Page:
Saturday, June 18, 2011

Measure Your Progress

The first period of the first day of my first class ever in high school career was Geometry. And on that first day, the geometry teacher gave us an interesting way to earn extra credit. If you tracked and calculated your grades (assignment, quiz, and test performance) you would get bumped up one level for your final grade. A B+ would turn into an A- or a C- would turn into a C and so forth.

Now, part of the motivation for this was that you calculating your own grade is a trick for you to do some algebra, because assignments, quizzes, and tests each made up a certain portion of your overall grade. But the other thing it did was give you a way to always know where you stood. And this is important. If you are trying to get somewhere, it helps to know where you are at so you know how far you need to go, how well you need to do, and so forth. Similar to what Peter Drucker said, "What gets measured gets managed." Similarly, if you can measure it, you can manage it.

If I'm sitting at a B and it's halfway through the semester, I can figure out how well I have to do going forward in order to get my grade up to an A by the end of the course. Knowing where I'm at helps me see the destination and gives me an actionable plan.

So what does this have to do with Summer Greek? Read below the fold.

If you are in Summer Greek, you are covering a ton of territory in just ten weeks. And they (both your professor and Dr. Voelz) dump more and more on you every day. It's easy to feel overwhelmed, like it's all too much, that it's unmanageable, you're never going to get there, etc. And it's especially when you are working with something that seems qualitative, not quantitative. How do you measure how much Greek you know?

But if you can measure and visualize your progress, this helps you make better sense of where you are and where you are heading. If you can visualize your standing, that can help you manage your progress going forward, help you fix something you might not have otherwise noticed was a problem (or to the degree that it was a problem). On the other hand, it can also help squash negative misconceptions you had. If you thought you were hopelessly bad in a certain area, but you look at your data and realize it's not anywhere near as bad as you thought it was, that is also be to your benefit.

So, as a Koine Greek student, what can you measure? I think that vocab words is an easy and obvious one. Earlier this year, I set a challenge for myself to learn one new Greek word everyday for thirty days. I failed, for reasons that are outside of the scope of this blog post, but take a look at this chart:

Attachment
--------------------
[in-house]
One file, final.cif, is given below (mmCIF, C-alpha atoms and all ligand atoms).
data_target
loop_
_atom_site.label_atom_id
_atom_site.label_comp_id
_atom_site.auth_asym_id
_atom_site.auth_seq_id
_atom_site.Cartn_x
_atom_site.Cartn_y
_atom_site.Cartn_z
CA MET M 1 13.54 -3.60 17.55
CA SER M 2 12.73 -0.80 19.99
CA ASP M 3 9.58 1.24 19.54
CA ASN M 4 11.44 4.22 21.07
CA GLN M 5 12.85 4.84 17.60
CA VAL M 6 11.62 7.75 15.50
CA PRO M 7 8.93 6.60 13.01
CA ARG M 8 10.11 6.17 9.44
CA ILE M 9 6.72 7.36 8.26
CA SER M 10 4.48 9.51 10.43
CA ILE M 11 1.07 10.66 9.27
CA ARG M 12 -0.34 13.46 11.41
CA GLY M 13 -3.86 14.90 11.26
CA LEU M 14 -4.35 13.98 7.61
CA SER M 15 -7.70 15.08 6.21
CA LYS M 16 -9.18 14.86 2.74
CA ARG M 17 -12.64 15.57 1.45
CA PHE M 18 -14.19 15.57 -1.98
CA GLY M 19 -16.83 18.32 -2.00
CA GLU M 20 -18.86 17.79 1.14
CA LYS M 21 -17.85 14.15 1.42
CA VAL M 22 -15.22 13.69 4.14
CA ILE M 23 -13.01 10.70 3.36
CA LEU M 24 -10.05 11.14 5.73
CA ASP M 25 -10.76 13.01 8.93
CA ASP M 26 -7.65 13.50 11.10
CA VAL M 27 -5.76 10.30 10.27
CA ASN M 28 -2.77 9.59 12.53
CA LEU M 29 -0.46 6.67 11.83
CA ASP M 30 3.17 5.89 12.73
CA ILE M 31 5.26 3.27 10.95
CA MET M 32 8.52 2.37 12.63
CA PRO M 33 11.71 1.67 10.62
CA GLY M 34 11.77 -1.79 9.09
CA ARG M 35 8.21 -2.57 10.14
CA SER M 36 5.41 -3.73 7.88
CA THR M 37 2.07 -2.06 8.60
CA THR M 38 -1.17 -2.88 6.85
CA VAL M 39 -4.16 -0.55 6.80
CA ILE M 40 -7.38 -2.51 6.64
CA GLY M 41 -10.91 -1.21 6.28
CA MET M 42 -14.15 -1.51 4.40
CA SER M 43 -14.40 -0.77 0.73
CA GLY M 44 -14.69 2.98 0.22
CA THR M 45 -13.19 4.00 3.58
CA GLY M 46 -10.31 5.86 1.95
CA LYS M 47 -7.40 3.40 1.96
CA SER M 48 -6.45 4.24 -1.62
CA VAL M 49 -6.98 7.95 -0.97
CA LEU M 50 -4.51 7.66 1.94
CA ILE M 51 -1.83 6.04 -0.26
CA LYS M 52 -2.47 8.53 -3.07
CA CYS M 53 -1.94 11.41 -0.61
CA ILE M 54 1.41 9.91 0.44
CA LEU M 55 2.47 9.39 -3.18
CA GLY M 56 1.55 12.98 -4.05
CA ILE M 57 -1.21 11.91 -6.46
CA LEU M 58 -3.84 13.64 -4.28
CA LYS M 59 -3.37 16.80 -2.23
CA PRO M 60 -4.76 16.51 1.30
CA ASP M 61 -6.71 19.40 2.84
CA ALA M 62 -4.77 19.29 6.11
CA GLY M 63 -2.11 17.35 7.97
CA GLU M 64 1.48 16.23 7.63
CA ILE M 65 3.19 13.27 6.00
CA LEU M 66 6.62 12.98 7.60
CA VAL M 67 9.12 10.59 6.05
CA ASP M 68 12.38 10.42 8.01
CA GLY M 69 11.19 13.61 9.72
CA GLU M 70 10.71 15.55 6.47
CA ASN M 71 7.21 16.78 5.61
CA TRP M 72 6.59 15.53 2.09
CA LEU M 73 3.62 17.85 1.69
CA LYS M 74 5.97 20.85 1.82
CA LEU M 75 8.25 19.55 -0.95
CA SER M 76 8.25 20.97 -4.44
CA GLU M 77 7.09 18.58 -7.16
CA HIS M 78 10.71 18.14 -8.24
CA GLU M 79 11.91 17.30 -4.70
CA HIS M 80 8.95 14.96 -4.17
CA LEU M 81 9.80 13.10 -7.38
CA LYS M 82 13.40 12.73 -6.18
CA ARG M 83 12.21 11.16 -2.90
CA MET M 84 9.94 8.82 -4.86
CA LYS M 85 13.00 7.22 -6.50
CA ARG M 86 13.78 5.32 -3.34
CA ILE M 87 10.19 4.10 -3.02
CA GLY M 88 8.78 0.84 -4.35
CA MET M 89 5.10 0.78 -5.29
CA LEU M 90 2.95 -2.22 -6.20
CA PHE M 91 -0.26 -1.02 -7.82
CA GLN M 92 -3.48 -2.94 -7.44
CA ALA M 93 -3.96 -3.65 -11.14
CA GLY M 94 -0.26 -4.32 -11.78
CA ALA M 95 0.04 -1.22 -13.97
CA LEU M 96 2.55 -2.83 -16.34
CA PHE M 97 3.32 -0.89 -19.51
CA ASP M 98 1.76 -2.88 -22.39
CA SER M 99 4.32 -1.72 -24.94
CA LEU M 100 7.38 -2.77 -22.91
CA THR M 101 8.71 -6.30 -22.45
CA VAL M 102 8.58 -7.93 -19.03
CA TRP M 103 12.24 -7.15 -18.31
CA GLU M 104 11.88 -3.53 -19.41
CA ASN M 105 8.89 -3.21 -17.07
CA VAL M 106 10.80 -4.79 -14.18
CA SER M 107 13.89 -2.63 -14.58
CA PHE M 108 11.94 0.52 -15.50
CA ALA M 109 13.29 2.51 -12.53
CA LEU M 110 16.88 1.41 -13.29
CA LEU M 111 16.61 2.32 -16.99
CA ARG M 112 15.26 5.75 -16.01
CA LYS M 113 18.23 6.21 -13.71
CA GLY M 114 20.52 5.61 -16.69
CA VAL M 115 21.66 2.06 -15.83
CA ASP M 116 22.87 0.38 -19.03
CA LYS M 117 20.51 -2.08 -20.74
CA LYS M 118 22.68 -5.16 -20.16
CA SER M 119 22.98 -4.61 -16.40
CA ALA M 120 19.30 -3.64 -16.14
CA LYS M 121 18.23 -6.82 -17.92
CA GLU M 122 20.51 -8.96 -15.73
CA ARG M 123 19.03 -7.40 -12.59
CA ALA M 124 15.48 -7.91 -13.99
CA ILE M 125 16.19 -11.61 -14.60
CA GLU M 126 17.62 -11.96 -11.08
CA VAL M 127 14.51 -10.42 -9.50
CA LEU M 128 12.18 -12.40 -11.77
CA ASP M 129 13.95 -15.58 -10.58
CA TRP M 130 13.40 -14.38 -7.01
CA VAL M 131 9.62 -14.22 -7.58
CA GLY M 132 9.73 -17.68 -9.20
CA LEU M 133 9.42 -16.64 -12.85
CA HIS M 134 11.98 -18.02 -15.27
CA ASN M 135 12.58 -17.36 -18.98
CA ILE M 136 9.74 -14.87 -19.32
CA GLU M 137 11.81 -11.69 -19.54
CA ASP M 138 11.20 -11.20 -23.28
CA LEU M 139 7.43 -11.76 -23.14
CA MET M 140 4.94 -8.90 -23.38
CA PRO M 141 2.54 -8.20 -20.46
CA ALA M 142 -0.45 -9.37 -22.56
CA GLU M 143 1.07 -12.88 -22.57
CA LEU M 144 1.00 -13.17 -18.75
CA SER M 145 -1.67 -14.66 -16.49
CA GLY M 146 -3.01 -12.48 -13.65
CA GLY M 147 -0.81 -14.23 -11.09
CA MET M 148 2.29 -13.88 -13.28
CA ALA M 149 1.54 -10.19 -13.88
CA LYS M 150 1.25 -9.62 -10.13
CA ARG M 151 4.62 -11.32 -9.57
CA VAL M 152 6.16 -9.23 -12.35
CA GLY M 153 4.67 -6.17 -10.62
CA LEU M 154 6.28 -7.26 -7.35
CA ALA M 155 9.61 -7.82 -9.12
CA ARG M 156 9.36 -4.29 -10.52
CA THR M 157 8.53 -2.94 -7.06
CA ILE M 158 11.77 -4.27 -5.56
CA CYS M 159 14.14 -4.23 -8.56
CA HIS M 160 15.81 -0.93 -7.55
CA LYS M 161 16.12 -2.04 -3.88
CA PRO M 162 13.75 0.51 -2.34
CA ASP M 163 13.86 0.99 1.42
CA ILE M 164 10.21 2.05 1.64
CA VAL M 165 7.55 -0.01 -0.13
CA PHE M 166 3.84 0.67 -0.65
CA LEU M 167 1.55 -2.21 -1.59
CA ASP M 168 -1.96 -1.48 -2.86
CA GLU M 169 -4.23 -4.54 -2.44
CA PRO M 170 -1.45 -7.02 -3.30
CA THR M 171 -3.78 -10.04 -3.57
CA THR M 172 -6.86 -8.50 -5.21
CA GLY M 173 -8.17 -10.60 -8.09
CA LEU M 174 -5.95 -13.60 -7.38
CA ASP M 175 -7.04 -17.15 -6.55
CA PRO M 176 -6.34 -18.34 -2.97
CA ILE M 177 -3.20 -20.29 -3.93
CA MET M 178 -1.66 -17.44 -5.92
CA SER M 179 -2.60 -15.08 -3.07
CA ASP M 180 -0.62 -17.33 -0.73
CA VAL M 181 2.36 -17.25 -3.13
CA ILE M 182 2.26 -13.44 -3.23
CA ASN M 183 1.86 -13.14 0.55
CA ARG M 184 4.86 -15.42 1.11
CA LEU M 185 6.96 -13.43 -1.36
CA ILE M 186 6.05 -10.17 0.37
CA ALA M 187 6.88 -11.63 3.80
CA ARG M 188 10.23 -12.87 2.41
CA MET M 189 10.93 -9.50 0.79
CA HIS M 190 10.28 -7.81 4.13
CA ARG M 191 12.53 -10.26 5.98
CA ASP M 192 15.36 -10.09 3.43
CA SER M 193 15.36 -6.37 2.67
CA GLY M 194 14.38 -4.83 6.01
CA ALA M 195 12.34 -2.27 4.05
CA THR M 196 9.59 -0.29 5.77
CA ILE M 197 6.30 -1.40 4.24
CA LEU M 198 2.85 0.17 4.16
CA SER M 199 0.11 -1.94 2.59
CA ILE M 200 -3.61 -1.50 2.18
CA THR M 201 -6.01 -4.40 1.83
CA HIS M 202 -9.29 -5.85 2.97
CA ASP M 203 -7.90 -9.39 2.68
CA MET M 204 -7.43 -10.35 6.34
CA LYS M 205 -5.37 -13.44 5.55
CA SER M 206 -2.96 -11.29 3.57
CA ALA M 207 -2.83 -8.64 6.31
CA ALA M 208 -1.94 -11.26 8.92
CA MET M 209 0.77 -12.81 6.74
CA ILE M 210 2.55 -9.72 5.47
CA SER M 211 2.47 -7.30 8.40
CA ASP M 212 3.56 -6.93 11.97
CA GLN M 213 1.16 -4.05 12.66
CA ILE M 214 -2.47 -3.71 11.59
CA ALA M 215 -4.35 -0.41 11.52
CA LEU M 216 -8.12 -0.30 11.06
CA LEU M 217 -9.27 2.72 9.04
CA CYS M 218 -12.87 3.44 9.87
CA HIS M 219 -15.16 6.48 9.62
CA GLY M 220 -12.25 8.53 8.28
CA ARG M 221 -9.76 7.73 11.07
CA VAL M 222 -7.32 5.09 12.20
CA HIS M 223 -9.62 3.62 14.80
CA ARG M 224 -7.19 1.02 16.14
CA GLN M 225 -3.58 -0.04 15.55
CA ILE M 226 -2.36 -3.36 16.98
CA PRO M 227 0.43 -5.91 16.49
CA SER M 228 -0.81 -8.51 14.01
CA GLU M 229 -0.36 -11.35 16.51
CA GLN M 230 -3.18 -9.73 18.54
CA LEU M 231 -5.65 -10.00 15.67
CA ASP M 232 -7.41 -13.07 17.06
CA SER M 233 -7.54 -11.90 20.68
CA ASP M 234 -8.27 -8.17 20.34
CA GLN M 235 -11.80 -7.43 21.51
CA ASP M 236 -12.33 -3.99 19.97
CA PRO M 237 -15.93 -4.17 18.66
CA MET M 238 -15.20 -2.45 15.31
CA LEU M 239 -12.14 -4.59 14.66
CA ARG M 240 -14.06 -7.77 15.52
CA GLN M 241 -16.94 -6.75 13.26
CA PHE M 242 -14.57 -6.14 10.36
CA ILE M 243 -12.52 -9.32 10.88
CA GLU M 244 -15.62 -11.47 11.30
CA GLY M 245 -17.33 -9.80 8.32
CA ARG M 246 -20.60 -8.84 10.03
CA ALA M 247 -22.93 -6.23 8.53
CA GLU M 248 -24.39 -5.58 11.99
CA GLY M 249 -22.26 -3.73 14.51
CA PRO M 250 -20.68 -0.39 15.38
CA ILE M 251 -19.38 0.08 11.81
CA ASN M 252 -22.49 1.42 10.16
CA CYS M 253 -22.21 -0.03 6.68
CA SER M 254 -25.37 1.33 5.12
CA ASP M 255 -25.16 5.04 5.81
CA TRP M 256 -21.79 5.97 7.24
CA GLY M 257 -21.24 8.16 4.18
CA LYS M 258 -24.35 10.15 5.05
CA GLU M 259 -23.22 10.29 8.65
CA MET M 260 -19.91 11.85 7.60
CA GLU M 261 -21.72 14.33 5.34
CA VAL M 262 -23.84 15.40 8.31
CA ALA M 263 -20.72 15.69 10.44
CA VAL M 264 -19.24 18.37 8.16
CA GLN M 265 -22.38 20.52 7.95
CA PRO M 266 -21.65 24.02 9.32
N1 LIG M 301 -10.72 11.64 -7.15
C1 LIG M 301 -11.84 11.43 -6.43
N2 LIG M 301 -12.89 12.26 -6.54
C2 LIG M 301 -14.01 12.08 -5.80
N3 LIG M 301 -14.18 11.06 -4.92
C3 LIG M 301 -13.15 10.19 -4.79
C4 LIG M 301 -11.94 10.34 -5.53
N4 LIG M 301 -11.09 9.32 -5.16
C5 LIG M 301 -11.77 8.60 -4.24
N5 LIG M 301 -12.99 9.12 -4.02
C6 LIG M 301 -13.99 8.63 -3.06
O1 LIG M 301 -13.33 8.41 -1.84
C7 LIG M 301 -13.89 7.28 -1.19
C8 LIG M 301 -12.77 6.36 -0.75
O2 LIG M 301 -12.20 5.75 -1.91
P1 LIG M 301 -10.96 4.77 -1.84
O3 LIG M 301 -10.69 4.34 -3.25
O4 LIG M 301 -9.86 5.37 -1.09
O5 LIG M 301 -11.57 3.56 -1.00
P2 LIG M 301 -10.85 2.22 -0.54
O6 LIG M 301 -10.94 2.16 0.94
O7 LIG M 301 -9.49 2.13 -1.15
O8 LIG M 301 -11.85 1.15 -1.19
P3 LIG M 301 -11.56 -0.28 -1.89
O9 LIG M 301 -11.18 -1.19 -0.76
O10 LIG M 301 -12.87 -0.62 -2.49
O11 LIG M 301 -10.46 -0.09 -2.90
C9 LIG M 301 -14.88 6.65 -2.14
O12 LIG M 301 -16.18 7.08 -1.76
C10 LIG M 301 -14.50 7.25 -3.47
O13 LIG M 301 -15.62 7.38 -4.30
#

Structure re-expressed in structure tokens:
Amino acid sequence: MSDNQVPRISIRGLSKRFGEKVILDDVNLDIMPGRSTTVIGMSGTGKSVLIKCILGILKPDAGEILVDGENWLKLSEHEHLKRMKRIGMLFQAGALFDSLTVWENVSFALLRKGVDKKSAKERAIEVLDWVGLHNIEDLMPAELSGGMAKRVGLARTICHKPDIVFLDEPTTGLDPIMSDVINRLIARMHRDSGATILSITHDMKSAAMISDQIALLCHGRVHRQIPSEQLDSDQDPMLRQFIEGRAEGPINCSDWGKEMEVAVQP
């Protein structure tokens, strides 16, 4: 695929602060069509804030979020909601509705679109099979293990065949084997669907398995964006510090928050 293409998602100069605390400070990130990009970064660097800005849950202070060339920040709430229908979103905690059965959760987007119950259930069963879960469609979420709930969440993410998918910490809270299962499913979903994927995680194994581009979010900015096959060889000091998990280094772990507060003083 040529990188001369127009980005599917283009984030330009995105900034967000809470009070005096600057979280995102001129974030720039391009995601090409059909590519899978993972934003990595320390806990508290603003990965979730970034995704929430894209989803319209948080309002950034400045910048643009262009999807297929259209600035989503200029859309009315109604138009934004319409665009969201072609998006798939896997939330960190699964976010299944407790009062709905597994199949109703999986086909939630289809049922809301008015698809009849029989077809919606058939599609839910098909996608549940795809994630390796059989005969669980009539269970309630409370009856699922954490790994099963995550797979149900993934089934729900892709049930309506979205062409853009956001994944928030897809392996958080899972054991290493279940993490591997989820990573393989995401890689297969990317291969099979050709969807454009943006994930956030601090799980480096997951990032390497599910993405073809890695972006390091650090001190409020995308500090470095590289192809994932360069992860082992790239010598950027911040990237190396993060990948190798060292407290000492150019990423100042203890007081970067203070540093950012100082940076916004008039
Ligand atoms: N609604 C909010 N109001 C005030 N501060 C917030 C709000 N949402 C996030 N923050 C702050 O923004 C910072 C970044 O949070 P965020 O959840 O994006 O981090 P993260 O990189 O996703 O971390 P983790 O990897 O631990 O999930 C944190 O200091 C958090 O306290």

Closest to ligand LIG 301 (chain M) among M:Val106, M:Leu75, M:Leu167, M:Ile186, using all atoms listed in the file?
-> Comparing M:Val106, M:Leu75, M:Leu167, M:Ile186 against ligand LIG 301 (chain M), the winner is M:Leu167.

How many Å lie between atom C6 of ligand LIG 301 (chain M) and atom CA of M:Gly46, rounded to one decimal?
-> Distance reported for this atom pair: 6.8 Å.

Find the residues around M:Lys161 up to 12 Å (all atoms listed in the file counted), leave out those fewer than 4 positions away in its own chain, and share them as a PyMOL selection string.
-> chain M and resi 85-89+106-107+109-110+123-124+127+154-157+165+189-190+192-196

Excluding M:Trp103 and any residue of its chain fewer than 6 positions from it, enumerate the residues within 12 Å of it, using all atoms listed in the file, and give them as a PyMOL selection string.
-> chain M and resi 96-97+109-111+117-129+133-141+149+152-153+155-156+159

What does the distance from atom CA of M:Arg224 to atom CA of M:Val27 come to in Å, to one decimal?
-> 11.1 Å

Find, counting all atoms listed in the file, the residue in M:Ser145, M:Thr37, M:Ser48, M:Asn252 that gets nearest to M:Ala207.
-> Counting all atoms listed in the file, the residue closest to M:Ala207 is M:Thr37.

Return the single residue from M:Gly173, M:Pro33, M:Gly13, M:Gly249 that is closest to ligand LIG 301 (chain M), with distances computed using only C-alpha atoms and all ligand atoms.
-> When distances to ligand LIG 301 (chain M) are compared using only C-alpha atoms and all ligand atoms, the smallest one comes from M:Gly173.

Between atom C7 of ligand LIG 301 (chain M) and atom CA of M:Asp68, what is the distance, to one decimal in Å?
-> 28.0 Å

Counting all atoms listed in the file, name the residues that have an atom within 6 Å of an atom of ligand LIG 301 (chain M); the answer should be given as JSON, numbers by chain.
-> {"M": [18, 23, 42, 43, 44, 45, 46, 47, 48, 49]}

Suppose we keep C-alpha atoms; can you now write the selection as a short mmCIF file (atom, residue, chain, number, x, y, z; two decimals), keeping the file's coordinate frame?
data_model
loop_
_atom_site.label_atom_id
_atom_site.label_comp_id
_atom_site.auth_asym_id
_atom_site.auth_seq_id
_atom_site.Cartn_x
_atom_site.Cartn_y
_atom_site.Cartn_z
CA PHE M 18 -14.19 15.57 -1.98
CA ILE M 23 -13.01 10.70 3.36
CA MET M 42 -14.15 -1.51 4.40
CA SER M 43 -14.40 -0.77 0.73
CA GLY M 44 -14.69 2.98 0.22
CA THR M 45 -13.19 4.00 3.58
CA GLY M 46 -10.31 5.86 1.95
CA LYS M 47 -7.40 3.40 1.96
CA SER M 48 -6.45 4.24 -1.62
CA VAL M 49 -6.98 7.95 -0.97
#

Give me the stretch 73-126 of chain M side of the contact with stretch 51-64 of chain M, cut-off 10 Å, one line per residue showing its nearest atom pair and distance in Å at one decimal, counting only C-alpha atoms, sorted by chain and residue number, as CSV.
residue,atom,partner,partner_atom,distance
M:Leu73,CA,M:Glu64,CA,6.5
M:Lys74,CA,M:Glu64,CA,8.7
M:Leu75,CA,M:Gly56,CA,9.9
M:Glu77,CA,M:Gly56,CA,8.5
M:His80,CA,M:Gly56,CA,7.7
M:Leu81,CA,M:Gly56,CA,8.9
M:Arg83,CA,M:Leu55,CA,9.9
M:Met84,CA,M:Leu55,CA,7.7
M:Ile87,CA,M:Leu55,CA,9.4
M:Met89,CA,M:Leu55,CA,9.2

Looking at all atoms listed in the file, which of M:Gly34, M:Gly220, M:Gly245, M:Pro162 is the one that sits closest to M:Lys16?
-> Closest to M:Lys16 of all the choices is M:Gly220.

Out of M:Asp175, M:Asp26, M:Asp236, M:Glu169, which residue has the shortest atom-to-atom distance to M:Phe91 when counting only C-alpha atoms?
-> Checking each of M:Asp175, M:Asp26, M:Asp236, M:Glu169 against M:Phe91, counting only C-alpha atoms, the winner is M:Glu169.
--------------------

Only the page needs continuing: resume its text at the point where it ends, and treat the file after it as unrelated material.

Now, I cheated a little bit because I've officially tried Greek twice before (once in college and once in Seminary), so the words weren't NEW. But you can see that after four weeks, I had not just learned but also retained 140 words. I think that SEEING how much you have accomplished can help give you a psychological push to keep going, that seeing how you've been doing will help you at least maintain that momentum if not increase it. It's like if you did 15 minutes on the treadmill yesterday, you decide to do 16 today. If you can measure it, you can manage it, and you can motivate yourself to do more than you did the day before. (And if you're on the treadmill, you should be studying your flashcards, anyway, right?)

If you want to see the raw data of how I organized my vocab challenge, just click here for the Google spreadsheet.

At the very least, repeat my example and daily track the progress of your vocab retention. You don't have to turn it into a chart (though that is both fun and helpful), but keep track of the data. The picture that the data paints is often different than the story you tell yourself. And the data is usually more true to reality.

What else could you measure to better manage your Summer Greek experience? And it doesn't have to be limited to things that are already quantified like the number of flashcards you know cold, and it doesn't have to be limited to what's happening in the classroom. You could take inventory of your mood. If you track your mood (there are others, I just gave that link as one example) and look at how your mood changes over a span of time, that could help you see what your state of mind is, spot trends you didn't realize were there... and make adjustments accordingly. If you want to do a little extra reading, here are five reasons to track your mood.

So, what will you measure?